The Personal MBA: Getting Results

Lesson 12 of 22

Personal Methods for Productivity

 

The Personal MBA: Getting Results

Lesson 12 of 22

Personal Methods for Productivity

 

Lesson Info

Personal Methods for Productivity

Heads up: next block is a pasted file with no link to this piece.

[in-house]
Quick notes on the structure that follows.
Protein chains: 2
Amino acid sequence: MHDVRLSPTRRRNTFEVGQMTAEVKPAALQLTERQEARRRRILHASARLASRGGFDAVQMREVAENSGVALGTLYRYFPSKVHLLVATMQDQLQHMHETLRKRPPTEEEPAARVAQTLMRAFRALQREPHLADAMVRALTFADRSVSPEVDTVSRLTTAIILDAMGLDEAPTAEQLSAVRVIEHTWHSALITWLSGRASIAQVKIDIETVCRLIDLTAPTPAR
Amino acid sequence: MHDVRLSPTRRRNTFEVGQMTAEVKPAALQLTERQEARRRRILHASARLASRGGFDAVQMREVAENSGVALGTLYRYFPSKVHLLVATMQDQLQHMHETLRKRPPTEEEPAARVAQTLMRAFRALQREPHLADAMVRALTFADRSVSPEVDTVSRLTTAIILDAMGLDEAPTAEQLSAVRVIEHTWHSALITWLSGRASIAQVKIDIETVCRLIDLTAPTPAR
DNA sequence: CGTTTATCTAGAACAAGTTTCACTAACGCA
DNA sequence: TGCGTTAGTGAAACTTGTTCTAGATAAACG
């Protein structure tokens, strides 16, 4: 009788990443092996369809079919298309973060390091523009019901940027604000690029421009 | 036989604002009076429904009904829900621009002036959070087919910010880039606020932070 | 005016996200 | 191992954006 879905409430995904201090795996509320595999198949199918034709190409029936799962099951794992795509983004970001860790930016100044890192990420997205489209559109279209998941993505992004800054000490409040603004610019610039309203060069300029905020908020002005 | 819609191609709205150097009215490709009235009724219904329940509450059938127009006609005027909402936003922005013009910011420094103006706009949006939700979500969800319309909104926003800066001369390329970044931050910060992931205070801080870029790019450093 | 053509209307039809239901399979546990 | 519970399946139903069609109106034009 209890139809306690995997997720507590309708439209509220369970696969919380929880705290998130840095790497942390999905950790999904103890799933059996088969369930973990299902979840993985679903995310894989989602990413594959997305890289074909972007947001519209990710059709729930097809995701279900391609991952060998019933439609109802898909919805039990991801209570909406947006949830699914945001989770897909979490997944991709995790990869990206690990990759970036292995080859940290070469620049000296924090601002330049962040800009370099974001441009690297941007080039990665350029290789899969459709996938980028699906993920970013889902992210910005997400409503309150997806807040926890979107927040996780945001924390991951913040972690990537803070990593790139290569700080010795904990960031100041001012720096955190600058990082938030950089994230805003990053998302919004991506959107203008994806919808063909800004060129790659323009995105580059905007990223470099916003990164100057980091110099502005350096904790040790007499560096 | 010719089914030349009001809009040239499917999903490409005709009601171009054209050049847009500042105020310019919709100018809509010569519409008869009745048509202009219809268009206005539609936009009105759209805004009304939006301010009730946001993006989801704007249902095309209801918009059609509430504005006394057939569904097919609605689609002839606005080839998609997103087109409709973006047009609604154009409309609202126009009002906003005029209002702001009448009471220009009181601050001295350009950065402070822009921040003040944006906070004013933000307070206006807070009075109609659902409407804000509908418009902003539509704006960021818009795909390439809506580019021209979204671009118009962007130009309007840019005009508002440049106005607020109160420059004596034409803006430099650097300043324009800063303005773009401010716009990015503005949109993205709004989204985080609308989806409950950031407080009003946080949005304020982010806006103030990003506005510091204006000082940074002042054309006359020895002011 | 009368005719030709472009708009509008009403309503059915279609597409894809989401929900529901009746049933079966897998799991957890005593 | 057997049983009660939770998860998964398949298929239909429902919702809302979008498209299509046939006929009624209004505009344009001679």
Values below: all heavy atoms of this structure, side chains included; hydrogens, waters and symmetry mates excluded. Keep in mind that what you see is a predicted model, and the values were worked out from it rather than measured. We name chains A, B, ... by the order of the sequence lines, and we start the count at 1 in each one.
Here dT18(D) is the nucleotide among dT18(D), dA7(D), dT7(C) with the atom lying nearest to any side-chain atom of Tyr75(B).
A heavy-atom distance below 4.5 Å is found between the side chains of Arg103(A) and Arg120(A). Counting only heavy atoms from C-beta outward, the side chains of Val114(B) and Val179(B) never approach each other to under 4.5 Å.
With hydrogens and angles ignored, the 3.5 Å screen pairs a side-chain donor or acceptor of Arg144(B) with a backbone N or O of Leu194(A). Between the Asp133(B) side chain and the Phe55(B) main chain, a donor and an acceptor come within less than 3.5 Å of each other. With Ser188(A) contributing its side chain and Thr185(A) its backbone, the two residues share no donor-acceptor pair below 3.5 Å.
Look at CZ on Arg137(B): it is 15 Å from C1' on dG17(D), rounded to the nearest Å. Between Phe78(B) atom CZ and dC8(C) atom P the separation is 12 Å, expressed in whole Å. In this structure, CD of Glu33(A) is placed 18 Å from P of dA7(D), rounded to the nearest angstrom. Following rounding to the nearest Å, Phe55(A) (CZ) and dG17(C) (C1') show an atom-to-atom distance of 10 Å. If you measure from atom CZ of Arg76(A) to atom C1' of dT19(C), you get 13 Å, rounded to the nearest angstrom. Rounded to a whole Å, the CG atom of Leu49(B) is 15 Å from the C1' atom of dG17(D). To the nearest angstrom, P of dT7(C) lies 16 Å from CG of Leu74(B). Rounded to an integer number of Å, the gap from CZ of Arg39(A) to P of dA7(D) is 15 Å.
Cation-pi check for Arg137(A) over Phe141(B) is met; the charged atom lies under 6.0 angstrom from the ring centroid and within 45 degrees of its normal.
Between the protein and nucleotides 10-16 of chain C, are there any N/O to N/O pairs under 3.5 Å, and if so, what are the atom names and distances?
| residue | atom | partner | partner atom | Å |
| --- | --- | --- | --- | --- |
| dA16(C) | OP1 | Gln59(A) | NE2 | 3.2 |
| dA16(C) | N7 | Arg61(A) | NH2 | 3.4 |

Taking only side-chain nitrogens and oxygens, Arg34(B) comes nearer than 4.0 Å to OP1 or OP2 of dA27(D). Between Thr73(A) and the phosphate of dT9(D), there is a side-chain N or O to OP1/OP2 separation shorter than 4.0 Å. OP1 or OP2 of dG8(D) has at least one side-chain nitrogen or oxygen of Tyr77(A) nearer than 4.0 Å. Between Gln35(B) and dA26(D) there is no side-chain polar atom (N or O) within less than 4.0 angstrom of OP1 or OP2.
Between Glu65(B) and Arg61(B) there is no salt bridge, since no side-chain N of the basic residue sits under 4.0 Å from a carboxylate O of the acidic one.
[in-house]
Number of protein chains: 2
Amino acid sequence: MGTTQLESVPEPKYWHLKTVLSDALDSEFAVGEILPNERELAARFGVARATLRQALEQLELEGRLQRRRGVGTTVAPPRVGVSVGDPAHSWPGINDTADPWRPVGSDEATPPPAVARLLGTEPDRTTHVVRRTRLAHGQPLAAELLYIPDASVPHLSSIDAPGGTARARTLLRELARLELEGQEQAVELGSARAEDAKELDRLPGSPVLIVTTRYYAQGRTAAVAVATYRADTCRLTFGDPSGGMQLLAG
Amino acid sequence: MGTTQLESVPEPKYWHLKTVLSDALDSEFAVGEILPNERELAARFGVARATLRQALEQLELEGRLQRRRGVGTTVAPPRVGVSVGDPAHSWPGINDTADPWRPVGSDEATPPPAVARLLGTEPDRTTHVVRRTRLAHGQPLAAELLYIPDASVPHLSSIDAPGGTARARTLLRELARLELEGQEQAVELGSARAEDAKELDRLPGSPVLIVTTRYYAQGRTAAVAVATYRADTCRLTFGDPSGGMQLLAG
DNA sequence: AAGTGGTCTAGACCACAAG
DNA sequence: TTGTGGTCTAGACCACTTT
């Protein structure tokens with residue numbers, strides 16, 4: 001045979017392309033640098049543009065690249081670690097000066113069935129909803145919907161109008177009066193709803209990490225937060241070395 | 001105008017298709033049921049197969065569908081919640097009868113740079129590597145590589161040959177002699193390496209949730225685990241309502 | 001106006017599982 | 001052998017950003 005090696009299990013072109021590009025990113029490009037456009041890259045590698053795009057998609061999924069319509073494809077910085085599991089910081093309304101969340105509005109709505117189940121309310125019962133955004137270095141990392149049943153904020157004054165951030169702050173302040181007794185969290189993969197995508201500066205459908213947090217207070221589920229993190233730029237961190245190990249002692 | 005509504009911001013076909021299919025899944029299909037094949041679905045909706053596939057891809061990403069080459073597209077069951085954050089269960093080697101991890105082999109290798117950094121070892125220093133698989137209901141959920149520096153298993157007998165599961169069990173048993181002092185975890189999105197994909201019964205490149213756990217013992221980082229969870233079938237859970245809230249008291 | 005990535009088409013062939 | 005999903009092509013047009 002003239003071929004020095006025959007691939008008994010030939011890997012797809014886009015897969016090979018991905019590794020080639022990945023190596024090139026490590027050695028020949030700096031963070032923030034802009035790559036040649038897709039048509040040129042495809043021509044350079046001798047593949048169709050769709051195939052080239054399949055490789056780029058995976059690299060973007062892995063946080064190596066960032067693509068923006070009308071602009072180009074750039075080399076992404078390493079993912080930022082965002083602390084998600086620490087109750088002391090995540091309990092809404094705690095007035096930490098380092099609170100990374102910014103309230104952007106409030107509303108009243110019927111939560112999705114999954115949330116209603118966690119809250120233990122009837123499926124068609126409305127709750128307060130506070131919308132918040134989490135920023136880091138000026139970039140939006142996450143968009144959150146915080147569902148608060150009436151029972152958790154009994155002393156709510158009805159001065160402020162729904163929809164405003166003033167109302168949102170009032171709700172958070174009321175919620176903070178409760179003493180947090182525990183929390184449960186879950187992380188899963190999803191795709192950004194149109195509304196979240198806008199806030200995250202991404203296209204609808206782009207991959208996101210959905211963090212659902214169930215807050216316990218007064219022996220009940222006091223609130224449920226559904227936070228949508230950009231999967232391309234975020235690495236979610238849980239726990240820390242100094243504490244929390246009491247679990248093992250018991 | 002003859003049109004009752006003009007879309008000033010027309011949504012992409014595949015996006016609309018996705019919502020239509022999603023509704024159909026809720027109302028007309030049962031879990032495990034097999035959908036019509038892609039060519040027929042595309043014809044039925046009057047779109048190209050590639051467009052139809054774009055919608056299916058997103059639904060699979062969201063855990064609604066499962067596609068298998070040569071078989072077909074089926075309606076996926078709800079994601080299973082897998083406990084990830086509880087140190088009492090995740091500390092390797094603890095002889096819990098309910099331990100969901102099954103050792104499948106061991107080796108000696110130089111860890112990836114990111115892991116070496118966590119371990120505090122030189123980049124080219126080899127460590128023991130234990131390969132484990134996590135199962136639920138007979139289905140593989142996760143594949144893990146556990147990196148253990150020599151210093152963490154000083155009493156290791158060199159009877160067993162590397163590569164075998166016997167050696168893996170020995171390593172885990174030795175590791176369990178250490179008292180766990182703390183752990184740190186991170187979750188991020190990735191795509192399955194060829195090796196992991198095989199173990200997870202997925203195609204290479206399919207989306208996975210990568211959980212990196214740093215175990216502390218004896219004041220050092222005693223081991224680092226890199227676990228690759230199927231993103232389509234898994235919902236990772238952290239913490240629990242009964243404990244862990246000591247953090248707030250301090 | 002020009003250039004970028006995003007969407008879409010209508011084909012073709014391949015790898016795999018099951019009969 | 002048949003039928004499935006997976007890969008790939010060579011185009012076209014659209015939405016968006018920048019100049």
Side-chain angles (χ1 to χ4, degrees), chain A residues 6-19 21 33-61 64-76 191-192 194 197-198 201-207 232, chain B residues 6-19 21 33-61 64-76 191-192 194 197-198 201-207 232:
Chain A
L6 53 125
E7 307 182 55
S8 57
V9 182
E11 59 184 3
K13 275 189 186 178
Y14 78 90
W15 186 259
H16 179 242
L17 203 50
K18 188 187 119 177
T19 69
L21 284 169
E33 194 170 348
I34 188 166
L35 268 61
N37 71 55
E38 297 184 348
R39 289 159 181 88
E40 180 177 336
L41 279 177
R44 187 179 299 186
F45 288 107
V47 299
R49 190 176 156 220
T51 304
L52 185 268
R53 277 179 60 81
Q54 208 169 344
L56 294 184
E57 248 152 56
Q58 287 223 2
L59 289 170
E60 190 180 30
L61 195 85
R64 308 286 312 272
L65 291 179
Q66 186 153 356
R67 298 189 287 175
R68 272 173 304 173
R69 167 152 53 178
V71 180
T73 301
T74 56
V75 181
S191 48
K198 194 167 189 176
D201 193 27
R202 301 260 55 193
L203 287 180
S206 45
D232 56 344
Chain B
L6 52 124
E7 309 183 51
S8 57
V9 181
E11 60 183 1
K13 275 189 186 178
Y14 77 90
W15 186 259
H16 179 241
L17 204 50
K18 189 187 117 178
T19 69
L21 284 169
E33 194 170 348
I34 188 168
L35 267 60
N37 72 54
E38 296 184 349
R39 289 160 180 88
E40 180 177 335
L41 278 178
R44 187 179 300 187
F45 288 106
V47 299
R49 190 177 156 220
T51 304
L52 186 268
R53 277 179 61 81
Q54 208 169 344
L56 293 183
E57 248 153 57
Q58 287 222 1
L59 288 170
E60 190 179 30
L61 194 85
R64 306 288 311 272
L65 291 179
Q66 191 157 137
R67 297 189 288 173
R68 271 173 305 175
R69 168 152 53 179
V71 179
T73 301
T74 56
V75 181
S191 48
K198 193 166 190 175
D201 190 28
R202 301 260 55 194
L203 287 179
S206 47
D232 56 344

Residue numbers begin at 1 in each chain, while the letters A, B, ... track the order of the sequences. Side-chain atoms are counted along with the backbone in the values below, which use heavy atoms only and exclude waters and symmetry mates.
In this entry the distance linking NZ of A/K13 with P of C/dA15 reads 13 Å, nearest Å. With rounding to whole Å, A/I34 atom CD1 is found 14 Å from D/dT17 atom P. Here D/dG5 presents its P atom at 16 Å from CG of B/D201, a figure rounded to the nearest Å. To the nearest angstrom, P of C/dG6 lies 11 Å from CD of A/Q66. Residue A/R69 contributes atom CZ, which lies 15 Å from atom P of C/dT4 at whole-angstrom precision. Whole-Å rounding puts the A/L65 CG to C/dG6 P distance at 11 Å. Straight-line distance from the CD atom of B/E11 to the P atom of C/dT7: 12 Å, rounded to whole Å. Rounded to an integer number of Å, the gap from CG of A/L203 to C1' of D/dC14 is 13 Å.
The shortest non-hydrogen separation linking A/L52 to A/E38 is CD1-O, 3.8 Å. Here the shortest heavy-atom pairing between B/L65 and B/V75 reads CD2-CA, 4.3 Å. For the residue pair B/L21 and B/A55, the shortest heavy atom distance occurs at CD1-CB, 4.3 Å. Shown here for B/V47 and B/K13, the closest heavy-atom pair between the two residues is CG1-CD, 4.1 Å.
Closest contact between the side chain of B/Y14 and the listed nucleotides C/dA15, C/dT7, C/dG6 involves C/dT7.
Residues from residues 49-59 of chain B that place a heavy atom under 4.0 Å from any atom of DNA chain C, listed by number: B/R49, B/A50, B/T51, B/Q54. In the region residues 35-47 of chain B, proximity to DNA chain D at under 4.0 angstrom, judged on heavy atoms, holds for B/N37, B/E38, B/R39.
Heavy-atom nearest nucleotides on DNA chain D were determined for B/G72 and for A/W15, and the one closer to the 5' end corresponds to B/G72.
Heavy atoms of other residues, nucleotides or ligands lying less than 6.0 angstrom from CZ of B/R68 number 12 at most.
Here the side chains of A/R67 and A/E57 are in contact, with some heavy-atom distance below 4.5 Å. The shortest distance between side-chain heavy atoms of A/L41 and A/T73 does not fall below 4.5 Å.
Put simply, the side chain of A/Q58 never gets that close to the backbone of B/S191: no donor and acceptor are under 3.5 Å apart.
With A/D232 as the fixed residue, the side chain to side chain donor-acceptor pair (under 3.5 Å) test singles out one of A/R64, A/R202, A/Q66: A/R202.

It's helpful to understand when working with ourselves that there are ways that we can think in a way that makes us more productive and there are certain ways that we naturally tend to think that can cause us to make big mistakes right? And so this is an example of in an inversion right that we were talking about earlier right? What are the most common mistakes that we can make in working with ourselves and if we know what they are we can do things to avoid making those preventable mistakes so this is an area of psychology called cognitive biases ways that are thinking tends to systematically mouth function and ways that we can kind of understanding, overcome and work around some of the limitations that are very, very old minds are uh are saddled with we're running you know, the metaphors we're running very, very very new software on ancient ancient ancient hardware and so we kind of have to work around these really old systems in our brain and body sometimes to get good results and th...